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Educators make time for physics workshop

Thursday, June 28, 2007 | 2:00 a.m. CDT; updated 3:11 a.m. CDT, Thursday, July 10, 2008
Stephanie Harman, a physics and chemistry teacher from Salisbury High School, and Pam Didur, a physics teacher from Oakland Junior High School, discuss their results in a mock high school lab at the A TiME for Physics lab.

The idea of a classroom full of teachers discussing physics might make any student cringe. But when class involves making batteries out of potatoes and lemons, launching marbles into the air and stargazing in a field, students might take an interest.

At least that’s the hope for the participants of the second annual Academy for Teachers Inquiry and Modeling Experiences for Physics First workshop that was put on by MU and Columbia Public Schools.

The workshop, known as A TIME for Physics First, which ends tomorrow, is a three-year professional and curriculum development program for ninth-grade science teachers. It is based on an idea to alter the traditional high school science curriculum, which has most students taking biology in ninth grade, chemistry in 10th grade and physics in 11th or 12th grade, if it all. According to Toufic Hakim of the American Association of Physics Teachers, this is not the way it should be.

“It just makes sense to be teaching physics first,” Hakim said. “Understanding modern biophysics and organic chemistry requires an understanding of physics.”

Statistics from the Missouri Department of Elementary and Secondary Education for the 2005 school year reveal that just 9,074 students took Physics I, compared with 62,839 who took Biology I. The physics first initiative, which is being implemented by school districts nationwide, seeks to raise national test scores and increase students’ interest in science and math by teaching physics to ninth-graders before they take other science classes.

“It follows what many other countries do,” Hakim said, “which is having physics as a base, and then coming back to physics later on. They do that in France. It’s called the ‘spiral method,’ where you start with some introductory physics and then go to something else like chem or bio and then have more physics after that.”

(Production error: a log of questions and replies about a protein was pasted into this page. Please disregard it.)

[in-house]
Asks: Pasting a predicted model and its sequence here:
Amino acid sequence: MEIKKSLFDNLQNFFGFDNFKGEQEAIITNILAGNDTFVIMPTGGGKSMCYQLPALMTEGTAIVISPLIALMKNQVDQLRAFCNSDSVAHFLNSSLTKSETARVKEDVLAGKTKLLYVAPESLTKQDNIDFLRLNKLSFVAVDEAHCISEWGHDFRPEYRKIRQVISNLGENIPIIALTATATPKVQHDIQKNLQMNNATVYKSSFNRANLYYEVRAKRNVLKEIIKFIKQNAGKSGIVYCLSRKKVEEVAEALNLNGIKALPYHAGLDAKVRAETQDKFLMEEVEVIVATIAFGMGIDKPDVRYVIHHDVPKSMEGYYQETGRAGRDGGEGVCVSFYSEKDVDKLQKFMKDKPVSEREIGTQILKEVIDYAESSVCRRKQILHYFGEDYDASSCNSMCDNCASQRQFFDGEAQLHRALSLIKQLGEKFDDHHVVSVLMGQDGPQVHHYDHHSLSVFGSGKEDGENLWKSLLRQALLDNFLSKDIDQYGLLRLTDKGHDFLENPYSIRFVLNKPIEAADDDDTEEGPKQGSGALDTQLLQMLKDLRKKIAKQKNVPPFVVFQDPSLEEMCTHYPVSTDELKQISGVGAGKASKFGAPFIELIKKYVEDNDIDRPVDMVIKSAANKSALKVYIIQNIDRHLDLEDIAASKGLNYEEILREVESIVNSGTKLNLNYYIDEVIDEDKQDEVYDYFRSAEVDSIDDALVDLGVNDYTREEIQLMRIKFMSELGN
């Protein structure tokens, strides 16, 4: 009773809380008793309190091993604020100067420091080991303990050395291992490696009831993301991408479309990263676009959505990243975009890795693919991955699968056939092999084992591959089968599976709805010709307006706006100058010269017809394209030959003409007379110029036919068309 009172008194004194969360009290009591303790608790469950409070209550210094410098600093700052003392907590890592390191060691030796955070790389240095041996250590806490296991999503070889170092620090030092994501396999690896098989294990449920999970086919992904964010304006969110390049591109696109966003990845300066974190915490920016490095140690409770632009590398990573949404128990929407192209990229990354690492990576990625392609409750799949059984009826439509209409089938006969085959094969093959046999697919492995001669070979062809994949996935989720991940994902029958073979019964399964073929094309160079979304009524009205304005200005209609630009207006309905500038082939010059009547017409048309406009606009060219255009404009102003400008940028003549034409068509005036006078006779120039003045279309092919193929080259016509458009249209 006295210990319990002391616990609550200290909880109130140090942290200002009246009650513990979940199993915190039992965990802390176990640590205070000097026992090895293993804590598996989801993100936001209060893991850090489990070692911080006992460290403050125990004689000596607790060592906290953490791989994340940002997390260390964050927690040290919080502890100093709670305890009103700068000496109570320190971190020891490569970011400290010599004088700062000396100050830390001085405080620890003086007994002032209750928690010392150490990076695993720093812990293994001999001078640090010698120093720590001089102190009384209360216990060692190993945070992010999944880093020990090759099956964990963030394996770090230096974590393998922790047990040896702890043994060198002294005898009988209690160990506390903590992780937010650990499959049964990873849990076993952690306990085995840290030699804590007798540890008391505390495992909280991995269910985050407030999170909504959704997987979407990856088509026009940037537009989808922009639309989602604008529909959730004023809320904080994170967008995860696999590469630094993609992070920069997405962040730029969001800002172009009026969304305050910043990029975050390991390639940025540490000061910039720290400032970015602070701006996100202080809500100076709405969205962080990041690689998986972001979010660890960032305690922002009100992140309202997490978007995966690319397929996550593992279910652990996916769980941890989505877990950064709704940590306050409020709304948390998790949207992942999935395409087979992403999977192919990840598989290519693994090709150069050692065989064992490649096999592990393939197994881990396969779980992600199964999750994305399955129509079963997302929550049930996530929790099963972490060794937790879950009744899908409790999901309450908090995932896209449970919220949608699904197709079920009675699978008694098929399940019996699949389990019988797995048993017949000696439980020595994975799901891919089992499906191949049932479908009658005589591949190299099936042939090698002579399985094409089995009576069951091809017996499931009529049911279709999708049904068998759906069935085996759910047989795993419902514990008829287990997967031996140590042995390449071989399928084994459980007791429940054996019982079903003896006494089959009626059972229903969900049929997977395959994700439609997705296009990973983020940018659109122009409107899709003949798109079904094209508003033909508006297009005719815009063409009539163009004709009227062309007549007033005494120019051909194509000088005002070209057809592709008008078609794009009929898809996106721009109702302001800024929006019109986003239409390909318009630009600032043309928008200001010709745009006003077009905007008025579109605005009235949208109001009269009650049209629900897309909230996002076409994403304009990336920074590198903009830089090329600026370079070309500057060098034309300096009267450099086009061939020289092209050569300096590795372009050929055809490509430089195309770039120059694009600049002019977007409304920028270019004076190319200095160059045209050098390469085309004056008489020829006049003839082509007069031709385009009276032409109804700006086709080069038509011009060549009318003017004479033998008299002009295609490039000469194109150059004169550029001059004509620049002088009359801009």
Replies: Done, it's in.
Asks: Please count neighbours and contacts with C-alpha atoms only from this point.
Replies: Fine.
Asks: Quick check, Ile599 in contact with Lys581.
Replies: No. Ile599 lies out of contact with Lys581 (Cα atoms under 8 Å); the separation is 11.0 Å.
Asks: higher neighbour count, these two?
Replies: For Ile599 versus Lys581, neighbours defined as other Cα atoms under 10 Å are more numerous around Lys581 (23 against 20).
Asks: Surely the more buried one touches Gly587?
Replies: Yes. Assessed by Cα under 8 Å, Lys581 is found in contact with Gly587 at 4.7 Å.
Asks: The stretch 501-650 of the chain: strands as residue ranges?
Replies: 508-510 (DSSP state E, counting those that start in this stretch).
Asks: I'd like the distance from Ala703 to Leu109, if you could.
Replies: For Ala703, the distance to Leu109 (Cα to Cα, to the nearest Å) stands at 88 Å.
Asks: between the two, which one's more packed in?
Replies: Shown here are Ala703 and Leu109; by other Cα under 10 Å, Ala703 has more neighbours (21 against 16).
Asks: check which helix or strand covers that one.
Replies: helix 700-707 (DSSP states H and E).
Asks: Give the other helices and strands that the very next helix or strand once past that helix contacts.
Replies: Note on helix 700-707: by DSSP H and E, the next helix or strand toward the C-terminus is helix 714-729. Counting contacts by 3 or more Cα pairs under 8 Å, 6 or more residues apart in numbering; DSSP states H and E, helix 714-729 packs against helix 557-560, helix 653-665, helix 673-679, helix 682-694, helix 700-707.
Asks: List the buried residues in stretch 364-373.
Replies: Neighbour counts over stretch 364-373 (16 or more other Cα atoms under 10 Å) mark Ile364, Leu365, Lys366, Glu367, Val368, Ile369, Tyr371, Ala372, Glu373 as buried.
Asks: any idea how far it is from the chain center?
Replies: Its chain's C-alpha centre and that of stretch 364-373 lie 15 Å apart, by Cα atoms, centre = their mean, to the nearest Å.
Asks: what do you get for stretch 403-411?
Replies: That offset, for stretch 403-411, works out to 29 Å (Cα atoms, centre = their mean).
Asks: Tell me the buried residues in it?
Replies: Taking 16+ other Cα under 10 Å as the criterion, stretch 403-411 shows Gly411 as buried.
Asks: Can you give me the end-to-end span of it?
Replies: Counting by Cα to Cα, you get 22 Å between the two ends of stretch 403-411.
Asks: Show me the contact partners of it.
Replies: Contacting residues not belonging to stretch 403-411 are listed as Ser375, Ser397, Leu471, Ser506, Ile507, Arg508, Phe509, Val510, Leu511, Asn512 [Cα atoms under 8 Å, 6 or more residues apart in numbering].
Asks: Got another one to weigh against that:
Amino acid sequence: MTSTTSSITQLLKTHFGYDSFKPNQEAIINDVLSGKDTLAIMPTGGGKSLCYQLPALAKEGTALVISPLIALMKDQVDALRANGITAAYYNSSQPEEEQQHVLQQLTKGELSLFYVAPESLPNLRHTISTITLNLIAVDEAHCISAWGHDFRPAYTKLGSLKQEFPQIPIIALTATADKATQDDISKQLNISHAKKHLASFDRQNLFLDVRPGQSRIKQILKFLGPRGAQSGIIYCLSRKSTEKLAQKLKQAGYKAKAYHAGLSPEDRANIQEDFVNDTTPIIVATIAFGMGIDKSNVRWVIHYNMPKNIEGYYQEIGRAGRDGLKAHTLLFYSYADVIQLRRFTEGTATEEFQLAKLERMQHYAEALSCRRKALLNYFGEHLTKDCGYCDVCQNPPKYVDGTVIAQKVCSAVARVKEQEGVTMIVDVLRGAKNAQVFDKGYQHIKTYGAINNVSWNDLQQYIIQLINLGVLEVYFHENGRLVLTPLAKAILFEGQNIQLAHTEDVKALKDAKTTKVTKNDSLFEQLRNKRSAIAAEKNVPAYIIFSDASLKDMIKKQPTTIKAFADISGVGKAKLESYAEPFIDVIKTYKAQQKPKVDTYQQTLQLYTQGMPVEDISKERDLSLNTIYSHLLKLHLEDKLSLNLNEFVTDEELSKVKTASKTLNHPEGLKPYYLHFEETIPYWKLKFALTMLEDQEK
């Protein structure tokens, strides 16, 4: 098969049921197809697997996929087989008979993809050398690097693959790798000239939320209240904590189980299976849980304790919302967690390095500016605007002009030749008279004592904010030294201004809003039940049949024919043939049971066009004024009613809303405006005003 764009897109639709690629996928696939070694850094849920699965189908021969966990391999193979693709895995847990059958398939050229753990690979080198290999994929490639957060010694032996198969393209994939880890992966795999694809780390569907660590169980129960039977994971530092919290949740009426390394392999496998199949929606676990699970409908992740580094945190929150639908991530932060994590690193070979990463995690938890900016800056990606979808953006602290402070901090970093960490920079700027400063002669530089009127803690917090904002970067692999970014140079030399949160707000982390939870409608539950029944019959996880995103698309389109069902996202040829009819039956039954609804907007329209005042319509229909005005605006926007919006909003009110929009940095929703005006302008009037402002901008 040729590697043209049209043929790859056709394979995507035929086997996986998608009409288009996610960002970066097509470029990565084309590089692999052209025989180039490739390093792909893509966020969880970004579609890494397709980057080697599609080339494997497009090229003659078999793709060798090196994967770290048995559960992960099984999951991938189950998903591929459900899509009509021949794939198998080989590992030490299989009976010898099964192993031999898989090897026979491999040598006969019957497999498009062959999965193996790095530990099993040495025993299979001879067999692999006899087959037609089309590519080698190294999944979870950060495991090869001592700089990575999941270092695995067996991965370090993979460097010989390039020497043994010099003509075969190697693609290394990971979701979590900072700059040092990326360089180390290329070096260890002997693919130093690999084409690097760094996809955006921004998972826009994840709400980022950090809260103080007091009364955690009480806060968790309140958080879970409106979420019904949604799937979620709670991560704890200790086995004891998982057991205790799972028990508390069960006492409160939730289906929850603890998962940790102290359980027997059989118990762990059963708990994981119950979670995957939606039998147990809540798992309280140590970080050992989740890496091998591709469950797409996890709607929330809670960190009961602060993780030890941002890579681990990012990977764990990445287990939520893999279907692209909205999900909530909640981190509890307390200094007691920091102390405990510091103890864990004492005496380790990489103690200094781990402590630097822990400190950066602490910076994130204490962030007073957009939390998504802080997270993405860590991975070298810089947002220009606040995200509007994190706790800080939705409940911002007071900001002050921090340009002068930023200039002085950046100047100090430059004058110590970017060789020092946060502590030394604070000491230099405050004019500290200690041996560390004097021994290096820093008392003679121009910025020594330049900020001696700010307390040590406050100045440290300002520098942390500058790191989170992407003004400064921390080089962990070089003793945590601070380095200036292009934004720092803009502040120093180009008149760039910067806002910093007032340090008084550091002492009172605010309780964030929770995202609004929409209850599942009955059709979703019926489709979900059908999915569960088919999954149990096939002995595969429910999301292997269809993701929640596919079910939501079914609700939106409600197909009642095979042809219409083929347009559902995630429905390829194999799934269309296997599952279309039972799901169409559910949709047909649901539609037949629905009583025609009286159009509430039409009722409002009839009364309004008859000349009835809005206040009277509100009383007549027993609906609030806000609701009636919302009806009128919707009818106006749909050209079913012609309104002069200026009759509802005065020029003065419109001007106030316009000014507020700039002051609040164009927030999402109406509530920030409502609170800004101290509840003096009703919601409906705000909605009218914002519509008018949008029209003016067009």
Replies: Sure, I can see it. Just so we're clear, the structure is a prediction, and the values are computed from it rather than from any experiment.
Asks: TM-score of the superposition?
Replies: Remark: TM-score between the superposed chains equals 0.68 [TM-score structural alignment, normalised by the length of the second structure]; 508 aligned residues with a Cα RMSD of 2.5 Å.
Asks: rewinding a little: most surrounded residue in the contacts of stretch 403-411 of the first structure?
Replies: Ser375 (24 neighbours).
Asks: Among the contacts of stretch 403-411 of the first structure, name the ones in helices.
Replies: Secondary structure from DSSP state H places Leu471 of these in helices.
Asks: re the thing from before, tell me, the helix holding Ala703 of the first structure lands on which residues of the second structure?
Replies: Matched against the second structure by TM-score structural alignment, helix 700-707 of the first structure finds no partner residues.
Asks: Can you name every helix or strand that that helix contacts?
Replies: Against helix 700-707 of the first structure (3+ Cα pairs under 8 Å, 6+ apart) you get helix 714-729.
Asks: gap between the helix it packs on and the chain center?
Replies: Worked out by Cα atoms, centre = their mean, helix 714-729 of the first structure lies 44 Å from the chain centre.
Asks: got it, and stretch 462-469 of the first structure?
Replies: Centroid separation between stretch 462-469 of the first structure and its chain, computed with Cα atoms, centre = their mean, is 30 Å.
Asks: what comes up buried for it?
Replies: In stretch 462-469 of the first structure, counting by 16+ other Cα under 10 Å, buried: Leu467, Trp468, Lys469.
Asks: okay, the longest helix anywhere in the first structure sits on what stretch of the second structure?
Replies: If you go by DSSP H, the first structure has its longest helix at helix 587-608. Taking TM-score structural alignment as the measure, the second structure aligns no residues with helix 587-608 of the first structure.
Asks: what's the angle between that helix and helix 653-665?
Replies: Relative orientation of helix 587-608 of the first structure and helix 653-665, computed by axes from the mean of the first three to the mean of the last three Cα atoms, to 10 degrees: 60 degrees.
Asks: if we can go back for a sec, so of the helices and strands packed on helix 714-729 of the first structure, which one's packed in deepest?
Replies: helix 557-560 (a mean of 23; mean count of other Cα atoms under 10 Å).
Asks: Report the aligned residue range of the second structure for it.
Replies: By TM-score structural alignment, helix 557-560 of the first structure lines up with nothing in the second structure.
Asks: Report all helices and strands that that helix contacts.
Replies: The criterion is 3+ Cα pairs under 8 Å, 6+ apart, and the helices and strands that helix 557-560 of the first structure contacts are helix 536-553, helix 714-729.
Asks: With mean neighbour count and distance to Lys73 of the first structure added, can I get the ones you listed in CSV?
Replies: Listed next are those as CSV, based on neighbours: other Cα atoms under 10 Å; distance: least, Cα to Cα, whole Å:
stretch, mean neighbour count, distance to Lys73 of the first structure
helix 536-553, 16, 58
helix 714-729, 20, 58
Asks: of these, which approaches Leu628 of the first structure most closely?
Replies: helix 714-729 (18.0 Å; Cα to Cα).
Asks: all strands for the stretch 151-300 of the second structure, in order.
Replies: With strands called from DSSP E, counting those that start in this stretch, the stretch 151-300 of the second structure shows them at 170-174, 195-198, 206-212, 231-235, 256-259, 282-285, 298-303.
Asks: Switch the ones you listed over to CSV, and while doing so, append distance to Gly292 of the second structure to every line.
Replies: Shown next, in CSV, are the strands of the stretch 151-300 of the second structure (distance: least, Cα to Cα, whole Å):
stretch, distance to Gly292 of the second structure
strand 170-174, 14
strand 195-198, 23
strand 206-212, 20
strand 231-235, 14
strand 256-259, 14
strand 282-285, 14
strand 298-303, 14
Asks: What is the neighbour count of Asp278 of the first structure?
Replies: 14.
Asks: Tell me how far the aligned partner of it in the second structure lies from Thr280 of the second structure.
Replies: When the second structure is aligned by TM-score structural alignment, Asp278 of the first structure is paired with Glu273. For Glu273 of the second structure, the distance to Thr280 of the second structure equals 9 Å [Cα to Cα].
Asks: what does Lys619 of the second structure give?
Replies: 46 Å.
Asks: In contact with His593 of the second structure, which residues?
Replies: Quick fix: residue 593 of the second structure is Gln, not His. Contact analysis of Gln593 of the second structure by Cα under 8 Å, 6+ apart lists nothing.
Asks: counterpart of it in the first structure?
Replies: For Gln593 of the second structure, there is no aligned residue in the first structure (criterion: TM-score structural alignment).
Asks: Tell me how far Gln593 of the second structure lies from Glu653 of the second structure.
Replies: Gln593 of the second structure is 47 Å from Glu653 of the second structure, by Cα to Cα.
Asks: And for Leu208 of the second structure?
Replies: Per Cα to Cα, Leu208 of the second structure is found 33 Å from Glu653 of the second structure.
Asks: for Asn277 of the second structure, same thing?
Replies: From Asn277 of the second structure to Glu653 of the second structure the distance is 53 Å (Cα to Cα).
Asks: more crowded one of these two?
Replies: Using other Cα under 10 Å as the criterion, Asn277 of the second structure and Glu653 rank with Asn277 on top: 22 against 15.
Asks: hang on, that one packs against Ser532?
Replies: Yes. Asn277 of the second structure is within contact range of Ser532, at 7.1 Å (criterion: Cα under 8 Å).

A TIME for Physics First involved 72 science teachers from 25 school districts, including all of Columbia’s ninth-grade science teachers.

“Everything they are doing in the classrooms is something they will go back to their own classrooms and have their students do,” Sarah Hill, program coordinator, said.

Jason Bradley, a teacher from Aurora, said he believed in the workshop’s commitment to a teaching style called modeling, which has teachers oversee or guide students while they do inquiry-based labs.

“It helps me to be able to teach difficult content to students in a way they are going to be able to understand it more,” Bradley said. “The students have to have an opinion and show their opinions and discuss that with other students. Instead of a teacher directing the conversation, students are.”

In late 2005, MU Physics Professor Meera Chandrasekhar and Science and Health Coordinator for Columbia Public Schools Sara Torres secured a three-year, $3 million grant from the Education Department to fund A TIME for Physics First. The grant pays for a variety of things, including instructor salaries and lab equipment, and even reimburses some travel costs for teachers based outside of Columbia.

“After my first time modeling physics, what I noticed was that my kids were better engaged,” Carl Luecke, a teacher at North Kansas City High School, said. “There were less complaints about ‘I hate this class, blah, blah, blah.’”

The program’s leaders and participants are optimistic about their work and its potential to shape the minds and lives of Missouri’s young adults.

“It was definitely worth our time,” Jamie Foulk, a teacher at Camdenton High School, said, no pun intended.


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